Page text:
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Suppose, there is a reset block with a single shift:

val r = reset { 
   // do smth. 1
   shift {...}
   // do smth. 2
   // do smth. 3
}

Is it correct that I place the shift after "do smth. 2" or "do smth. 3" without changing the result r? Is it correct that it does not matter where shift stands in a reset block?

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up vote 7 down vote accepted

It highly depends on what you are making within shift. If you just calling provided function like this: shift((k: Unit => Unit) => k(Unit)) then, in your particular example, it really doesn't matter where shift stands.

Shift function just captures code that comes after it in other function (in my example this function is called k). In other words, this code:

val r = reset { 
   // do smth. 1
   shift((k: Unit => Unit) => k(Unit))
   // do smth. 2
   // do smth. 3
}

would be rewritten by compiler in something like this (this code just demonstrates general idea and it's not supposed to show what compiler plugin will actually generate):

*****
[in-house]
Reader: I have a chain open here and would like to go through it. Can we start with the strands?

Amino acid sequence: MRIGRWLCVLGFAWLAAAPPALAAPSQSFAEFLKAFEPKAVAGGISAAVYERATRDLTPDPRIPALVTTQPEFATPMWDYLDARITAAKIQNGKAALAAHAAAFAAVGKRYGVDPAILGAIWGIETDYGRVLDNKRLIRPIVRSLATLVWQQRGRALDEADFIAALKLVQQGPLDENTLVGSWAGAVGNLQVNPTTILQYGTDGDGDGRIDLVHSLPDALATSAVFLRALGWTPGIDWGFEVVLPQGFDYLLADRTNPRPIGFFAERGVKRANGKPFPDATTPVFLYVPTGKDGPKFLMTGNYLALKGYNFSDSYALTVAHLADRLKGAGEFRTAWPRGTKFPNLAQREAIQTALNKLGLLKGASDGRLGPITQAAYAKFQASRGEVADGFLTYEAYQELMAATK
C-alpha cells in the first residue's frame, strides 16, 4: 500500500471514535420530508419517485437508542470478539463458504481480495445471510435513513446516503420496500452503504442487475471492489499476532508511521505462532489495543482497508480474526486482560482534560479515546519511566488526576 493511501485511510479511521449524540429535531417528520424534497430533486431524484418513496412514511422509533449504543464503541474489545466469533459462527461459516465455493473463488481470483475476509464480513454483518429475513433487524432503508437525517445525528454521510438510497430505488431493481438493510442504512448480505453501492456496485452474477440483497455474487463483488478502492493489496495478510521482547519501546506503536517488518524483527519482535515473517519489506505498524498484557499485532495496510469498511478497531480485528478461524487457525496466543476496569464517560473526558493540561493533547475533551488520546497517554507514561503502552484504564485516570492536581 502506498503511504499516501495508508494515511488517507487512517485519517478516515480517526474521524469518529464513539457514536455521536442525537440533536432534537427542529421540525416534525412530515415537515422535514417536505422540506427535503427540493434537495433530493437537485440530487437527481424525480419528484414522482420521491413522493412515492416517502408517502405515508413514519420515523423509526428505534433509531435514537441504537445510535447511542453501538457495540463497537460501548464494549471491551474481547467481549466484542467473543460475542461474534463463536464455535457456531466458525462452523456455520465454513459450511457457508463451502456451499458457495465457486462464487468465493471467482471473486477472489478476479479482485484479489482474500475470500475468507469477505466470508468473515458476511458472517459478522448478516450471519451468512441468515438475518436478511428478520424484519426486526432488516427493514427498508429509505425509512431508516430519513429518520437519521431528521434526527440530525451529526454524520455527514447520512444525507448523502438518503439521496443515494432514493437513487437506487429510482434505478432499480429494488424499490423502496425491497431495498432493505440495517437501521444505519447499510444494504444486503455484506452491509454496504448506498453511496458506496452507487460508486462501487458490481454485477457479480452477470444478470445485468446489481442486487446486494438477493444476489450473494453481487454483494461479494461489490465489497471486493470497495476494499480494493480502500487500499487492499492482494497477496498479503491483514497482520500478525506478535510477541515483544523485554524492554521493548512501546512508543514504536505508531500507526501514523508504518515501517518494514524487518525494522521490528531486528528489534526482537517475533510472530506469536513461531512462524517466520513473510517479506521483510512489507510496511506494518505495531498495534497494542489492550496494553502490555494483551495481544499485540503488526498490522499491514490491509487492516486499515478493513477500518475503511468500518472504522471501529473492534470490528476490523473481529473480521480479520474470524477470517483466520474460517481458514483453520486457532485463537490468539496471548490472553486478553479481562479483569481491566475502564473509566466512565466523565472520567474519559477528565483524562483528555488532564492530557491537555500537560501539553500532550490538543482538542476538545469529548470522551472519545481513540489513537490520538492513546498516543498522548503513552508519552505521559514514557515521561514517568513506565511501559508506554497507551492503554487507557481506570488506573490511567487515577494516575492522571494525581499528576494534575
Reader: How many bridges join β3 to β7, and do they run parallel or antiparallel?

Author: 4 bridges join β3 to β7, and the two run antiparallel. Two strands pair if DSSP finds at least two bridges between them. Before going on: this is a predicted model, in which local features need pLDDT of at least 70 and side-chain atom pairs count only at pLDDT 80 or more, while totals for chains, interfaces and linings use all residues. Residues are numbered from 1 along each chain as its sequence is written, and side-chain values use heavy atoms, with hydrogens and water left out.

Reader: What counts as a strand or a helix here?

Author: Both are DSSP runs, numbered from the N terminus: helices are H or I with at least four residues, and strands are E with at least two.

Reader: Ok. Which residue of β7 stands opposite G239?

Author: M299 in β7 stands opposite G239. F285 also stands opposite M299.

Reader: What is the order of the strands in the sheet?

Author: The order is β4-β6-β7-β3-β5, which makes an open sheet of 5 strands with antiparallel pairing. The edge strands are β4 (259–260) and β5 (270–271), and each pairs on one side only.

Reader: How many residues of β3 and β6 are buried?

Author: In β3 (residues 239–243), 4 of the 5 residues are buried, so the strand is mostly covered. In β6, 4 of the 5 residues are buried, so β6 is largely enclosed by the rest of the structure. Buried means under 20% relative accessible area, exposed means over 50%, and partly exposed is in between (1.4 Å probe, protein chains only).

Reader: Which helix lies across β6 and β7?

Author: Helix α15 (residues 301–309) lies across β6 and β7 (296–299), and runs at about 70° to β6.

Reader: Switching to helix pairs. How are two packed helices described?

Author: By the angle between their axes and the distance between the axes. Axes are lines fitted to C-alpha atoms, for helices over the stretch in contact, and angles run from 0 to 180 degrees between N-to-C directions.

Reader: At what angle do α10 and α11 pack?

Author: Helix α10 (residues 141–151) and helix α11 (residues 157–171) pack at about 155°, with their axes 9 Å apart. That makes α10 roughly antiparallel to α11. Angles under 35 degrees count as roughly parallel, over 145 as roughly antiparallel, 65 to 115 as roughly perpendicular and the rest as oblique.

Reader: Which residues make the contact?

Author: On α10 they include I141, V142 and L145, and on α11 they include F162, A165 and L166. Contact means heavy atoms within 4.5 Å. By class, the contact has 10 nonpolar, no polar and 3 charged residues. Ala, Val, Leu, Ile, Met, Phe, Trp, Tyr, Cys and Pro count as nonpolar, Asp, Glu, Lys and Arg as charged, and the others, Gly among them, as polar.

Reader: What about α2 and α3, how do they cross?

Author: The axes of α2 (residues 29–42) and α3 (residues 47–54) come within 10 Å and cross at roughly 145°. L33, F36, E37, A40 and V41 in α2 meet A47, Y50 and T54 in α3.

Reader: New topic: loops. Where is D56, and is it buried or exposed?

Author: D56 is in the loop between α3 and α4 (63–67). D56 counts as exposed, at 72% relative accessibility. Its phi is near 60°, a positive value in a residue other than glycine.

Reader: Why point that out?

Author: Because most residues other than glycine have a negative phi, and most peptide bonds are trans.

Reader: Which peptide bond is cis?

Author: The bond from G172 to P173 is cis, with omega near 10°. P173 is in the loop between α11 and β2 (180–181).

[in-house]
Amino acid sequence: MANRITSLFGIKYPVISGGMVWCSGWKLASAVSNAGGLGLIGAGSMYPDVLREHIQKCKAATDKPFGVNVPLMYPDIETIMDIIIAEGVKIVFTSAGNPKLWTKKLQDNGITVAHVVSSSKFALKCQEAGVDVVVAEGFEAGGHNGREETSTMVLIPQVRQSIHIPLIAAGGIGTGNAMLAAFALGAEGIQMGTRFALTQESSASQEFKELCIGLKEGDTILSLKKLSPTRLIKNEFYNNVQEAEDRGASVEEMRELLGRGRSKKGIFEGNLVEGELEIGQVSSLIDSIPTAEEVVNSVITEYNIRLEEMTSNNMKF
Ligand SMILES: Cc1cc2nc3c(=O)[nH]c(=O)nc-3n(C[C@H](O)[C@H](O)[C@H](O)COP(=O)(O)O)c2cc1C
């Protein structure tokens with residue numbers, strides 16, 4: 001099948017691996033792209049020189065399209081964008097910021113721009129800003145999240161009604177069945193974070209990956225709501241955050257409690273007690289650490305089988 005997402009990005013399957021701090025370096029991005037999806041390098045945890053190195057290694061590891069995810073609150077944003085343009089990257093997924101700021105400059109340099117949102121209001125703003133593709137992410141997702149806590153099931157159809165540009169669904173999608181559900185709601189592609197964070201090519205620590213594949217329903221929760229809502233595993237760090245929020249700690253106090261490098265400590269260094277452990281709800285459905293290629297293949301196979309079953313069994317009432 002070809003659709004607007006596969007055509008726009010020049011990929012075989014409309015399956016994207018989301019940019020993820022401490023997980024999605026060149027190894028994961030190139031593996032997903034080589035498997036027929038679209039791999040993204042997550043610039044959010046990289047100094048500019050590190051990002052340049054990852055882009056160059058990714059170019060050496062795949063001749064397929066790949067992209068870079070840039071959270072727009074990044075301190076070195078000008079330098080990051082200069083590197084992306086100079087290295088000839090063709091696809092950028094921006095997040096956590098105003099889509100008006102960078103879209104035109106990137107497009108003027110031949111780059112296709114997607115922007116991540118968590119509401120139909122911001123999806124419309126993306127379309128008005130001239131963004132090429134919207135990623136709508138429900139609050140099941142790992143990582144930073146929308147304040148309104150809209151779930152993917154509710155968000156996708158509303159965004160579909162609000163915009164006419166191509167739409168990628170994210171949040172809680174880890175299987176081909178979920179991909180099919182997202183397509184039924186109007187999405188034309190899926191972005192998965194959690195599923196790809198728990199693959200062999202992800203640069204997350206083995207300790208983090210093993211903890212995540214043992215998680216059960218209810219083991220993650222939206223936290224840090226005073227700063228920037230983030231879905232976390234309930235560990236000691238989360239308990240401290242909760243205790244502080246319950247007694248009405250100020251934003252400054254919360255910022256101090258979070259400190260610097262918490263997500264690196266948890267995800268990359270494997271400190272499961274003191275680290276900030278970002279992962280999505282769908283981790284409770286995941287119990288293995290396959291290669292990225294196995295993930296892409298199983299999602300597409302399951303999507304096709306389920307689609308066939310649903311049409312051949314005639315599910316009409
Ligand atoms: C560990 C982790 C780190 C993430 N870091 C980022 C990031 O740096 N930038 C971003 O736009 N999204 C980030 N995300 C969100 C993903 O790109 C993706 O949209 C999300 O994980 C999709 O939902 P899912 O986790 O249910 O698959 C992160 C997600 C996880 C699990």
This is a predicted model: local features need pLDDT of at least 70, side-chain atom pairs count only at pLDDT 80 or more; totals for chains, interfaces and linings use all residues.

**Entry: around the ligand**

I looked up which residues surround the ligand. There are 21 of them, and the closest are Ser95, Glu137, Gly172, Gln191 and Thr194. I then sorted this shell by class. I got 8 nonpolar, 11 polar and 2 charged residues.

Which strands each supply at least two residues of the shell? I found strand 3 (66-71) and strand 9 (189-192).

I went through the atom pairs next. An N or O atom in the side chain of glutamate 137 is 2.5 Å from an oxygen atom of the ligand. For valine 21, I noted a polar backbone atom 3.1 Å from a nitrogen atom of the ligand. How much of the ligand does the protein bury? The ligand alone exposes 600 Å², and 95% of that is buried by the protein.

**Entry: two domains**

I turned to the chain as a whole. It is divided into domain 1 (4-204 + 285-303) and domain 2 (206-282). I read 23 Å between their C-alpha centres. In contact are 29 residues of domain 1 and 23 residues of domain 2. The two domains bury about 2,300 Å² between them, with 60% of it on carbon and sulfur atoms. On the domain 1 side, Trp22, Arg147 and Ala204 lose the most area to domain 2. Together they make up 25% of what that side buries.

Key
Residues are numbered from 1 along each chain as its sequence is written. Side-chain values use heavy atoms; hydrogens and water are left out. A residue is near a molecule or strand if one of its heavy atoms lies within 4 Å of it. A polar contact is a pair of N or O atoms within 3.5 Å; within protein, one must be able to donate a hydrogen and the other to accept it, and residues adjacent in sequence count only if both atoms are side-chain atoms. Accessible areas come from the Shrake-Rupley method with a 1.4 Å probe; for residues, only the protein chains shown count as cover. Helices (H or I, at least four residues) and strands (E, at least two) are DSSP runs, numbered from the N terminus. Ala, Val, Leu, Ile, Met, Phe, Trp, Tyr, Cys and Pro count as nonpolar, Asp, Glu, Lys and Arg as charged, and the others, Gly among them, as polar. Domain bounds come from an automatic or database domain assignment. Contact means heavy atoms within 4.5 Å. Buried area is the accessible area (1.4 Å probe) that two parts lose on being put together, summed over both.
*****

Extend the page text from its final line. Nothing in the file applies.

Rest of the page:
val k = (Unit => Unit) => {
    // do smth. 2
    // do smth. 3
} 

val r = { 
   // do smth. 1
   k(Unit)
}

But if you have some logic inside shift, like conditional k execution, then it really matters where this shift stands.

Hope this helps (and I hope, that I understood your question correctly)

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Yes, it does help and you understood my question correctly. – Michael May 31 '11 at 5:33

Just adding to the answer already given, the place where you CAN move around shift is whether to have code before the shift or have it inside the function you pass to shift:

reset { 
  foo(); bar();
  shift { k => stuff }
  baz()
}

is the same as

reset {
  foo();
  shift { k => bar(); stuff }
  baz()
}
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